A dermatologist has developed a wearable device called Eclipse Rx™ that monitors UV exposure. The device, available to order, combines sun monitoring with fitness tracking in a sleek band.
“Whether you are concerned about your health or beauty, with this one device, you win,” says Dr. Brian Matthys, Eclipse Rx creator and a board-certified dermatologist. “Eclipse Rx is designed to show people how much sun exposure they’re getting on a daily basis and to teach new behaviors so they start to use sunscreen regularly. It also tracks steps so you can be active outdoors and be aware of the sun you’re getting.”
According to skincancer.org, in 2012 more than 5.4 million cases of nonmelanoma skin cancer were treated in over 3.3 million people in the United States. In the U.S., more people are diagnosed with skin cancer each year than all other cancers combined. One in five Americans will develop skin cancer by the age of 70.
The Eclipse Rx is solar-powered with sensors that record sun exposure from ultraviolet (UV) light – tracking both UVA and UVB radiation. The Eclipse Rx device, which is patent-pending, syncs with a digital app on your phone where you can record your skin type and your sunscreen applications, down to the SPF.
The band and the app give you suggestions about when to reapply sunscreen and alerts when it’s time to move out of the sun. The band is water resistant so you can wear it while swimming or taking a shower.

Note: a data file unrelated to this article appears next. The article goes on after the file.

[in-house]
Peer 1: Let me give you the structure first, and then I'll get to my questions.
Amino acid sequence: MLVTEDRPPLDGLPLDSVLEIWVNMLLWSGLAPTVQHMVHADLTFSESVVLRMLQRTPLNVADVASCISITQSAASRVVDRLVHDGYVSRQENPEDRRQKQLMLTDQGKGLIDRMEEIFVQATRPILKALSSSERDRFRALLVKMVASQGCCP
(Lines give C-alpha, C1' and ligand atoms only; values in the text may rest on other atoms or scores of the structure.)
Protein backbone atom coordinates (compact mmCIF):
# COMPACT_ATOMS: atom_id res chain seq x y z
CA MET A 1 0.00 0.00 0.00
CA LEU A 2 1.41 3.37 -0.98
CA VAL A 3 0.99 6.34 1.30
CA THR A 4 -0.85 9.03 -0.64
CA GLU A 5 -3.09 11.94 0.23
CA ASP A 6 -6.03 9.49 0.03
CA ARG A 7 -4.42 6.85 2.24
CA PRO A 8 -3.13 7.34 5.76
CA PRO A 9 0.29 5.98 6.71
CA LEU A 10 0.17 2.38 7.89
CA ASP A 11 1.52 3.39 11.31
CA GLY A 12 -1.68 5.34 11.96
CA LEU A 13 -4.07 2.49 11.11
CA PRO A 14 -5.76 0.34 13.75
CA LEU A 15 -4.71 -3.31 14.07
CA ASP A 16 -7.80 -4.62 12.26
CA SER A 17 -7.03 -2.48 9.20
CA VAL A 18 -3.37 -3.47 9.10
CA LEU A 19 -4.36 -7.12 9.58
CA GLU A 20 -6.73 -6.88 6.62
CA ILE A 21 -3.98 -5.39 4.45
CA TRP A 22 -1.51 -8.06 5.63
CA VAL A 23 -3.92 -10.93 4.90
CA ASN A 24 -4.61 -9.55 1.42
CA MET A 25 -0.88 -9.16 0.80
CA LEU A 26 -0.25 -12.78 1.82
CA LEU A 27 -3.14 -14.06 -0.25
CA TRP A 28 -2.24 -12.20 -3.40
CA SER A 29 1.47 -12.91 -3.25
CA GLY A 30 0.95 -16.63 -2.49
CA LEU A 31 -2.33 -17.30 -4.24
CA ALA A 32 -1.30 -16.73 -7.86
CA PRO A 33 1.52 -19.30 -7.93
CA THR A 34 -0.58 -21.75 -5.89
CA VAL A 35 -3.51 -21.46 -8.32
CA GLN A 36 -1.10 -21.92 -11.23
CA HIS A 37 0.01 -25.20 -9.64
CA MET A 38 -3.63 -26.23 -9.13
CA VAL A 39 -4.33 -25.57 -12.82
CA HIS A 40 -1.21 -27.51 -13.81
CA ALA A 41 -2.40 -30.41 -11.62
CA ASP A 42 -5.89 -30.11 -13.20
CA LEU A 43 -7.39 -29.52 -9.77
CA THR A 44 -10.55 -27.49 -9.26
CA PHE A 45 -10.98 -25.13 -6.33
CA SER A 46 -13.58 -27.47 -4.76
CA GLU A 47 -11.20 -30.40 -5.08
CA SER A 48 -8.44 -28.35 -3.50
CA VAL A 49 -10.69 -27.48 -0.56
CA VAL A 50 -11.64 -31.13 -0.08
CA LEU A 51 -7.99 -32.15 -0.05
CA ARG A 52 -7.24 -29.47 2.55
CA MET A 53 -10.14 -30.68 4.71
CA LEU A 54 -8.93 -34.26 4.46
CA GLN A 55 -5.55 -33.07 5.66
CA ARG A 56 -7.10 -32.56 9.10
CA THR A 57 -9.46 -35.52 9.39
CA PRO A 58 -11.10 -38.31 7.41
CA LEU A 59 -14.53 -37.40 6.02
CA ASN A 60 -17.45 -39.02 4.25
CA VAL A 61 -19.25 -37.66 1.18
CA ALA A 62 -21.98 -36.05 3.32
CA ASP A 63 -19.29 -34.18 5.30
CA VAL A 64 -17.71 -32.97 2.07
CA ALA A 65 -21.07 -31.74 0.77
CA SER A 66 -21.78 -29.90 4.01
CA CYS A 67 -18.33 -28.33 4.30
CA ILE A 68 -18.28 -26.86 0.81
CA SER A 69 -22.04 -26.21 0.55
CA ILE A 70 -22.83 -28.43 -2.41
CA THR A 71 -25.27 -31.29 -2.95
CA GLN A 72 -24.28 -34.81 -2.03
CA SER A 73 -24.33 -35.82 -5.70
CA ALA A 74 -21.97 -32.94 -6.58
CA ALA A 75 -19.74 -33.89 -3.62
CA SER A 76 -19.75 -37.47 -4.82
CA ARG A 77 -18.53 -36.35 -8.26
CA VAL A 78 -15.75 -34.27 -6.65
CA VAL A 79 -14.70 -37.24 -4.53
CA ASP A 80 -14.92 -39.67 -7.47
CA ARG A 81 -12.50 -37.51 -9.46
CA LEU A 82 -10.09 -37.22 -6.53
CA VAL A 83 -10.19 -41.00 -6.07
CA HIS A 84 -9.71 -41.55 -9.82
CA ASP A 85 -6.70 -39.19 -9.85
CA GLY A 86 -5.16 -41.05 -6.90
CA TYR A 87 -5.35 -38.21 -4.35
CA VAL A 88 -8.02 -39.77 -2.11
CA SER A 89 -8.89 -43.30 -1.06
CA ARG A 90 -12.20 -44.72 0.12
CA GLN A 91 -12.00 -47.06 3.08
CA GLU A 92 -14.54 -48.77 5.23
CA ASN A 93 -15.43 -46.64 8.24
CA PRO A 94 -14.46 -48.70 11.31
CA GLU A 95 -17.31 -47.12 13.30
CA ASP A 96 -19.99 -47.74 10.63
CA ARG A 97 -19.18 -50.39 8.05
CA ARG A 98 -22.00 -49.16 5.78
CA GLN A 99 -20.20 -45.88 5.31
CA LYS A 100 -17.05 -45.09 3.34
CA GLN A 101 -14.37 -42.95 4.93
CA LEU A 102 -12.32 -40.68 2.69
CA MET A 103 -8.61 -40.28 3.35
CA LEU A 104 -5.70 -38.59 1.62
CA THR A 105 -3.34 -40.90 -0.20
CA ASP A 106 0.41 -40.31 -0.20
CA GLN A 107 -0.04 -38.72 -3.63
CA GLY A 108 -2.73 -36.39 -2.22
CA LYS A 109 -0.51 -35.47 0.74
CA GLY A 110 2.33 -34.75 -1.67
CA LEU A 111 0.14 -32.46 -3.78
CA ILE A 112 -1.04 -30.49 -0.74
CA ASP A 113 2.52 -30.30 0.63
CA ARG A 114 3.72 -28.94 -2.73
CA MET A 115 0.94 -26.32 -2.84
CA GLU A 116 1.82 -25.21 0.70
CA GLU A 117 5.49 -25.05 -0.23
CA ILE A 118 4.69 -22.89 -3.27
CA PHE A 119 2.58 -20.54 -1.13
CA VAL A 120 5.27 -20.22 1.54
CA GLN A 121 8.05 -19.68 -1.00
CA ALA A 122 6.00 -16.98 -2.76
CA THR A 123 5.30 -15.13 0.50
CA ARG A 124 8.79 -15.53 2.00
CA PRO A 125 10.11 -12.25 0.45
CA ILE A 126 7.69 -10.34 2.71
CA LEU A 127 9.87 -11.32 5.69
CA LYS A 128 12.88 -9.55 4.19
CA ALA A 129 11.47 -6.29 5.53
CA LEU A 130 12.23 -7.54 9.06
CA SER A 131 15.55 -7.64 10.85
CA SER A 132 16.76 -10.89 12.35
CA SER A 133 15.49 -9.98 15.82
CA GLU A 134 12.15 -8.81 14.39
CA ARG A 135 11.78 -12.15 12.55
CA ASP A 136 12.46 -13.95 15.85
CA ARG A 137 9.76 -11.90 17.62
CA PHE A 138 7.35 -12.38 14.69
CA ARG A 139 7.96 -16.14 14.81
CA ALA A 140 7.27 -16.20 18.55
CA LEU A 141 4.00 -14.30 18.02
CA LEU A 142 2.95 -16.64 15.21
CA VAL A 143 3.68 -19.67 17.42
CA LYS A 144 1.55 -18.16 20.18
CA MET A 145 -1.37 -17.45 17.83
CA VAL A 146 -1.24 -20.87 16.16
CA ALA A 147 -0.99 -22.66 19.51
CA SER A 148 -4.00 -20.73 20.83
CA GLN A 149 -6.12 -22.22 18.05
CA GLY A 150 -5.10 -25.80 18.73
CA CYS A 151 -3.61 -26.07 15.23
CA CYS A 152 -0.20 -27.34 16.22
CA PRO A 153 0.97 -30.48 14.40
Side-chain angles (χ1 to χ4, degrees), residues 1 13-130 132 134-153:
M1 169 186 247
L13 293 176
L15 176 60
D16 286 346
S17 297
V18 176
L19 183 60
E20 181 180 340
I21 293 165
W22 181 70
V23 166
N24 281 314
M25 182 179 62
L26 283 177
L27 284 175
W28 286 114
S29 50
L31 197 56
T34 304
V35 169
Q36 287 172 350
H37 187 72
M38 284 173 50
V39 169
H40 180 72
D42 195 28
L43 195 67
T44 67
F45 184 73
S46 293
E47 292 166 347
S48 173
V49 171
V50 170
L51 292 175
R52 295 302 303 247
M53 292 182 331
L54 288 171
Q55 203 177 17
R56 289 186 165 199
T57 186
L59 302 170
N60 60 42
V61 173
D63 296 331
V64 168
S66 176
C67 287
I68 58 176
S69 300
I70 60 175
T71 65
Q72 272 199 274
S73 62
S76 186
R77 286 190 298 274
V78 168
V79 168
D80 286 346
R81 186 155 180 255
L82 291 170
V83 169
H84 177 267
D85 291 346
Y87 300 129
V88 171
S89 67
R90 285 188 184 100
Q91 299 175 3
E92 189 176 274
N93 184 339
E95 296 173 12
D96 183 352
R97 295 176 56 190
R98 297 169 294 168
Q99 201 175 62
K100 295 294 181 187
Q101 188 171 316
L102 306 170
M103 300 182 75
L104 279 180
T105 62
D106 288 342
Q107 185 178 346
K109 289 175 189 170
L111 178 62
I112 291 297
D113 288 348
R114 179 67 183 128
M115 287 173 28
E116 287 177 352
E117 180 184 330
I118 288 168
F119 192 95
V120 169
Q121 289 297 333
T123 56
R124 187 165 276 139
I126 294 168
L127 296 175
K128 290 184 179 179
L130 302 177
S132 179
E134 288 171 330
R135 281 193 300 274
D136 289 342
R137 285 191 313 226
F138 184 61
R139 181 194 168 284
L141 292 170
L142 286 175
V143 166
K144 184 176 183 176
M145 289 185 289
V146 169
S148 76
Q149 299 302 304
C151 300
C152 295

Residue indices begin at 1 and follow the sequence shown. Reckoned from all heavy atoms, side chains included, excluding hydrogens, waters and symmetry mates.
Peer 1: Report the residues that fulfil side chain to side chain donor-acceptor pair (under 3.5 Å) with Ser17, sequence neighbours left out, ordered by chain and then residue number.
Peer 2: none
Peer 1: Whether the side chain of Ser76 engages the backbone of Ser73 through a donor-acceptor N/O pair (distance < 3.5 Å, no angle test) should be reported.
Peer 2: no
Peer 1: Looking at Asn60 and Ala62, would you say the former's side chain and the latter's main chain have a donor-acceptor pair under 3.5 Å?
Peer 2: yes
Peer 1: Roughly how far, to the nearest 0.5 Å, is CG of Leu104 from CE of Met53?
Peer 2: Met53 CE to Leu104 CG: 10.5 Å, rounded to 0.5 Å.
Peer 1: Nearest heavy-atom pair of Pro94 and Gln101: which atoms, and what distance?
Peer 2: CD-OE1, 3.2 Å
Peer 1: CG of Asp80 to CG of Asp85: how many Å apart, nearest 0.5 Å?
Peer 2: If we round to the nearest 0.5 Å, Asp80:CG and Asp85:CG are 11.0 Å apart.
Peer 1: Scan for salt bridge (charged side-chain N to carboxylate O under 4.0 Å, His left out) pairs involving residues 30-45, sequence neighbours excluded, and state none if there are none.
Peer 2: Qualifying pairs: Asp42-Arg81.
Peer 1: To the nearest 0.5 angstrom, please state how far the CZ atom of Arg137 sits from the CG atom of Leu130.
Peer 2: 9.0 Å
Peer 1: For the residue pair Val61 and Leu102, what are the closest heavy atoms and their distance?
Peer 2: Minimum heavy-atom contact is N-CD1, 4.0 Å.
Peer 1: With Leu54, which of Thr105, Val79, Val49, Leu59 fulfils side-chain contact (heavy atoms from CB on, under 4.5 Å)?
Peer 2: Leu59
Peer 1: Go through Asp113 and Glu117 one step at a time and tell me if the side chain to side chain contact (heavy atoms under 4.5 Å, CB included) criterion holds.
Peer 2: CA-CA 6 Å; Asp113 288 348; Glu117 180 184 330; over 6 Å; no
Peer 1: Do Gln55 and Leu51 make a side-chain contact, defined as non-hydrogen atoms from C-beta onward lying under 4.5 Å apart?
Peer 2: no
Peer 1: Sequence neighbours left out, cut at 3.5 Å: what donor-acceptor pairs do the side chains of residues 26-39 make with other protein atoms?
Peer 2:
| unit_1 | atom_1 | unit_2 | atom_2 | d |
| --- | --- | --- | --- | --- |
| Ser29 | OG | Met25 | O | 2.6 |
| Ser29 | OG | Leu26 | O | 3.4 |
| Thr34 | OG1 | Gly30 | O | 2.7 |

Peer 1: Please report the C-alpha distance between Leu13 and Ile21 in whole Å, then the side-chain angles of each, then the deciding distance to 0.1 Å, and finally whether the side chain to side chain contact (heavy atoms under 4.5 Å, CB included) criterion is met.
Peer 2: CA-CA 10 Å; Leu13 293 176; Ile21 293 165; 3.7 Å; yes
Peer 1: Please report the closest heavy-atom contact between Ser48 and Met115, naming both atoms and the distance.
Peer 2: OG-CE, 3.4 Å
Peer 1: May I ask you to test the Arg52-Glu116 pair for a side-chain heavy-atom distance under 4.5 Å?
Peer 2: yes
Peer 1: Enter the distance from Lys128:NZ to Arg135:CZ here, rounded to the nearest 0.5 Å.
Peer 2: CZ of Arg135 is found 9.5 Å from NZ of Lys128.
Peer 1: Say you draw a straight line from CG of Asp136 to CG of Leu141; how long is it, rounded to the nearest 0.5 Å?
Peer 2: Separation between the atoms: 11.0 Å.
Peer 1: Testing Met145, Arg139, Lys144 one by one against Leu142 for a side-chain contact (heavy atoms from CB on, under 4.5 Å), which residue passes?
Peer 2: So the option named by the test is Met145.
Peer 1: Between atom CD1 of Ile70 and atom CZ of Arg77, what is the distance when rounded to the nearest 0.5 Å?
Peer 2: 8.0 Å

“Being active and being safe in the sun can go hand in hand,” Dr. Matthys says. “We count calories, count carbs, count steps – we need to count minutes of sun exposure. Using Eclipse Rx will help you change your behavior and protect your skin.”
Dr. Matthys has more than 20 years of experience as a board-certified dermatologist. His passion about raising awareness of sun exposure and reducing cancer has resulted in the development of Eclipse Rx on which he worked for four years.
“We want to make thinking about sun protection and putting on sunscreen like brushing your teeth – something you do every day,” Dr. Matthys says. “The Eclipse Rx device will get smarter over time. The more you wear it, the more data about your sun exposure will be available to you and your dermatologist, and we will add enhancements to the app over time.”
The Eclipse Rx wearable tech device will be sold through EclipseRx.com, Amazon.com and dermatologist offices. Dermatologists who are interested in selling the device, can reach out to Eclipse Rx through its website.